Historical Markers
Kuskusky Path Historical Marker
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Kuskusky Path

Allegheny National Forest Region


Marker Location:
2500 Brandt School Rd., at Trinity Lutheran Church, Wexford (Franklin Park)

Dedication Date:
August 24, 2008

Behind the Marker

Strings of glass beads, a silver ornament with an engraved deer, and a fire starter set consisting of an English flint and iron striker, illustrate the Delaware (Lenape) Indians' dependence on trade during the 1700s.  These are among the many items collected at the Kuskuskies Town site, Lawrence County, during a 1960 archaeological investigation.
Trade artifacts excavated at Kuskuskies Town in Lawrence County, PA.
Today's system of modern roads and thruways owes much to the early patterns of Native-American travel and trade. Across what became known as Pennsylvania a sophisticated artery of trails and pathways that navigated the great river valleys and sloping mountain peaks permitted Natives peoples-Shawnees, Lenapes, Susquehannocks, and those who became known as Iroquois-to move freely across the verdant woodlands.marker The Great Minquas Path, the Kittanning Trail, the Tulpehocken Trail, and themarker Warriors Path were but a few of the major and interconnected Native earthen roadways that cleared the movement of peoples in pursuit of game, materials resources, and the spoils of war.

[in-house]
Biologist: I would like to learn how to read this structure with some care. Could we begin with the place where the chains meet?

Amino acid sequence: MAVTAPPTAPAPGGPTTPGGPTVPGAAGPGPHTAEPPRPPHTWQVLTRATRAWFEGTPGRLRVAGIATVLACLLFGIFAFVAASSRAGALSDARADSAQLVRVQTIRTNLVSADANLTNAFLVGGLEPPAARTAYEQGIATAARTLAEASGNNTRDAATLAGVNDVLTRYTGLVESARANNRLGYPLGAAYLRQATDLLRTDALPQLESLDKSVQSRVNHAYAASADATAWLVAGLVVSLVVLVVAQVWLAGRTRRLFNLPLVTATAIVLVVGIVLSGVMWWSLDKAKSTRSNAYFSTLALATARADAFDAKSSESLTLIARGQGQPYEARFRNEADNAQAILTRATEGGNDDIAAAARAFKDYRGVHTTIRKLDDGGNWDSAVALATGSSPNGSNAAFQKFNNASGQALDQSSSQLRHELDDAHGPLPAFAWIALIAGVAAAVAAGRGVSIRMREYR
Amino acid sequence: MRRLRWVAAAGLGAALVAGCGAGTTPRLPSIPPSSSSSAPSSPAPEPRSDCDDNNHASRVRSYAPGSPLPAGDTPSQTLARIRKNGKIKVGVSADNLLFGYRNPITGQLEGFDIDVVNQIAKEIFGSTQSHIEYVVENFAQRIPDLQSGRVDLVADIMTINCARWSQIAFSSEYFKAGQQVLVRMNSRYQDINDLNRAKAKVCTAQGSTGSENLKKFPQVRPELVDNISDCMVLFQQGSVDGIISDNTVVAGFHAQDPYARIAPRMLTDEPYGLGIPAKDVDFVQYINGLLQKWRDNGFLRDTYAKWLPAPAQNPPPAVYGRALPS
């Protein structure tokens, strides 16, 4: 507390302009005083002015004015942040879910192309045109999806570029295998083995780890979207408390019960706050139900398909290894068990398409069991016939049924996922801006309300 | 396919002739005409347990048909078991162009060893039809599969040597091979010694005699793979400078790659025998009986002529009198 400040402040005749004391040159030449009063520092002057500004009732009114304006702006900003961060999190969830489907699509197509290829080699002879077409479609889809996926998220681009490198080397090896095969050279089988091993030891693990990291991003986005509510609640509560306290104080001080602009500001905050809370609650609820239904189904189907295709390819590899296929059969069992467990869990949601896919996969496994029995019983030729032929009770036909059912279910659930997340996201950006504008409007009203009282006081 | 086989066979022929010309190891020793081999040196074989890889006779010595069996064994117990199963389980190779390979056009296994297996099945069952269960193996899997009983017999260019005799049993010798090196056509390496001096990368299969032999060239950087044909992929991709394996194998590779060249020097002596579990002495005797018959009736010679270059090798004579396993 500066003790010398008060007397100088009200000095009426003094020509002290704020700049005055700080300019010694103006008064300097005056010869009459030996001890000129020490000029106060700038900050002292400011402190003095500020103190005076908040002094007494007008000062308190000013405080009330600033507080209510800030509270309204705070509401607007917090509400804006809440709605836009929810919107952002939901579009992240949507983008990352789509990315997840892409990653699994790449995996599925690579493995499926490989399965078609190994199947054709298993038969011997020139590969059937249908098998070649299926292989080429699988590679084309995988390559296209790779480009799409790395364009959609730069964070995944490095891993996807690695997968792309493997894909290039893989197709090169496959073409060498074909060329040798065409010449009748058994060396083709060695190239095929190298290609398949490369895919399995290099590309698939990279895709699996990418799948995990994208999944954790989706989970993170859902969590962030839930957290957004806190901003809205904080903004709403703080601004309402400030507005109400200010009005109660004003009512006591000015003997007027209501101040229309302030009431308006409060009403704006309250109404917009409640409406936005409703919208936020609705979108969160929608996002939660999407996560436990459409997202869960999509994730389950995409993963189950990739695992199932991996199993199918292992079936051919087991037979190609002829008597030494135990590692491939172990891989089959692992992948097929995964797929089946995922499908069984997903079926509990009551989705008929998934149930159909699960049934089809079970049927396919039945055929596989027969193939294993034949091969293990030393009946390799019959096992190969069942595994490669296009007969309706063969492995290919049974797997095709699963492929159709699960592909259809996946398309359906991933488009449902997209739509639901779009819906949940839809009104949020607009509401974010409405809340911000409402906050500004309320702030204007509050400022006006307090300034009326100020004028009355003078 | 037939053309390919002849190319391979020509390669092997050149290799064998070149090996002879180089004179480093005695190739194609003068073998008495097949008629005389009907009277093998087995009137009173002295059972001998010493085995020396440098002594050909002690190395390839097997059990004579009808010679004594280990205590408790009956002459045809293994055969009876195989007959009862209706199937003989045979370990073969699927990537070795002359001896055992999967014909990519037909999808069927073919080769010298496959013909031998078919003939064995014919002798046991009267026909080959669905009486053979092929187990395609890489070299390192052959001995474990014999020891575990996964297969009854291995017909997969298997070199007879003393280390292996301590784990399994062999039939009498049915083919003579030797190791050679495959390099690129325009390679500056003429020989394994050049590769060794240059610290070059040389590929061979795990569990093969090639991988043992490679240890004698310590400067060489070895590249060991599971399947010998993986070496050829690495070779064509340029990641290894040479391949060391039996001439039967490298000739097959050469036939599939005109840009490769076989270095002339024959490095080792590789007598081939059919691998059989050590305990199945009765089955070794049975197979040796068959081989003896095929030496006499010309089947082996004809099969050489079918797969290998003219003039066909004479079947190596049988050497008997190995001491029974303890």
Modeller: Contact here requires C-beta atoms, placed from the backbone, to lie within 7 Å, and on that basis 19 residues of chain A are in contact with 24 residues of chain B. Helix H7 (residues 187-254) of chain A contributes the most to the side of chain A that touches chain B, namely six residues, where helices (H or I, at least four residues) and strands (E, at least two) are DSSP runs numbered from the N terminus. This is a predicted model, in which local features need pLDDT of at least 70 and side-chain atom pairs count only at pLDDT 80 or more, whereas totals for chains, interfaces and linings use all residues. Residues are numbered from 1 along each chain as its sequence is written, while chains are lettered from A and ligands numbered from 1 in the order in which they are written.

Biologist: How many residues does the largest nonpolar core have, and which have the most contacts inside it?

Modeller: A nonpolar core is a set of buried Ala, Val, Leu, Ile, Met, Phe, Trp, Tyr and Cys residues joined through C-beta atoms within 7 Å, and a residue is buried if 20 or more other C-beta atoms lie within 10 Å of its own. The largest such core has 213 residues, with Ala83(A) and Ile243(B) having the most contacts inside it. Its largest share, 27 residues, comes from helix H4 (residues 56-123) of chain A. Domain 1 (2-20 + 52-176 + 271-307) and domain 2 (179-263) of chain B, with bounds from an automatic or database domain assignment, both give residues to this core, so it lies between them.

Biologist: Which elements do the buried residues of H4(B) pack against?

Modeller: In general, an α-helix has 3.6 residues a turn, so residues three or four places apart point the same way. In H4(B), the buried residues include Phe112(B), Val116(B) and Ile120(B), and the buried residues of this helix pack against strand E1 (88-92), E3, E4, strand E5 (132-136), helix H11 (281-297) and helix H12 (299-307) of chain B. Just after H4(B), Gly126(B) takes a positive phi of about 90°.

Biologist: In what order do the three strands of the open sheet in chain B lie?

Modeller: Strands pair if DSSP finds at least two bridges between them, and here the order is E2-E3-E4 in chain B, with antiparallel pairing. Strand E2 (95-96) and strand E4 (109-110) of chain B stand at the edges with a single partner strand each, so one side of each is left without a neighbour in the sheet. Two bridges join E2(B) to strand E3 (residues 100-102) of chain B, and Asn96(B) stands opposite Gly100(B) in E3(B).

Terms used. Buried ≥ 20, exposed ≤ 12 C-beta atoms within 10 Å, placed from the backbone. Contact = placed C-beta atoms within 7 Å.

The British had promised to withdraw from the Ohio Country after they defeated the French, but instead constructed Fort Pitt and turned the land around it into settlements. This painting by Robert Griffing depicts the Indians looking down upon the fort and the beginnings of the city of Pittsburgh, and realizing the British are not leaving, but instead are taking over.
The Eastern Frontier, by Robert Griffing.
Long before white European settlers contested for control of the hinterlands, these rough paths linked Native peoples' settlements and communities, establishing patterns of movement and migration that encouraged both trade and conquest. Frequently these trails were only wide enough for one person to pass at a time.

Likely an animal path worn down by the constant movement of game, the Kuskusky Path connected what is now New Castle and Pittsburgh in western Pennsylvania, a distance of less than eighty miles. Part of an integral network of trails that opened the colonial backcountry to human settlement, the path provided entry into the primeval forestlands of the colonial frontier, and helped link the Allegheny River with the Ohio Country to its west. Native peoples and later European-Americans traveled its meandering course across creeks and low hills to an old Indian village that would be renamed New Castle.

Image of a tree lined rural road  in front of Trinity Lutheran Church looking north on Brandt School Road in what was was then Franklin Township, Allegheny County
Brandt School Road, Franklin Park, Allegheny County, PA, circa 1930.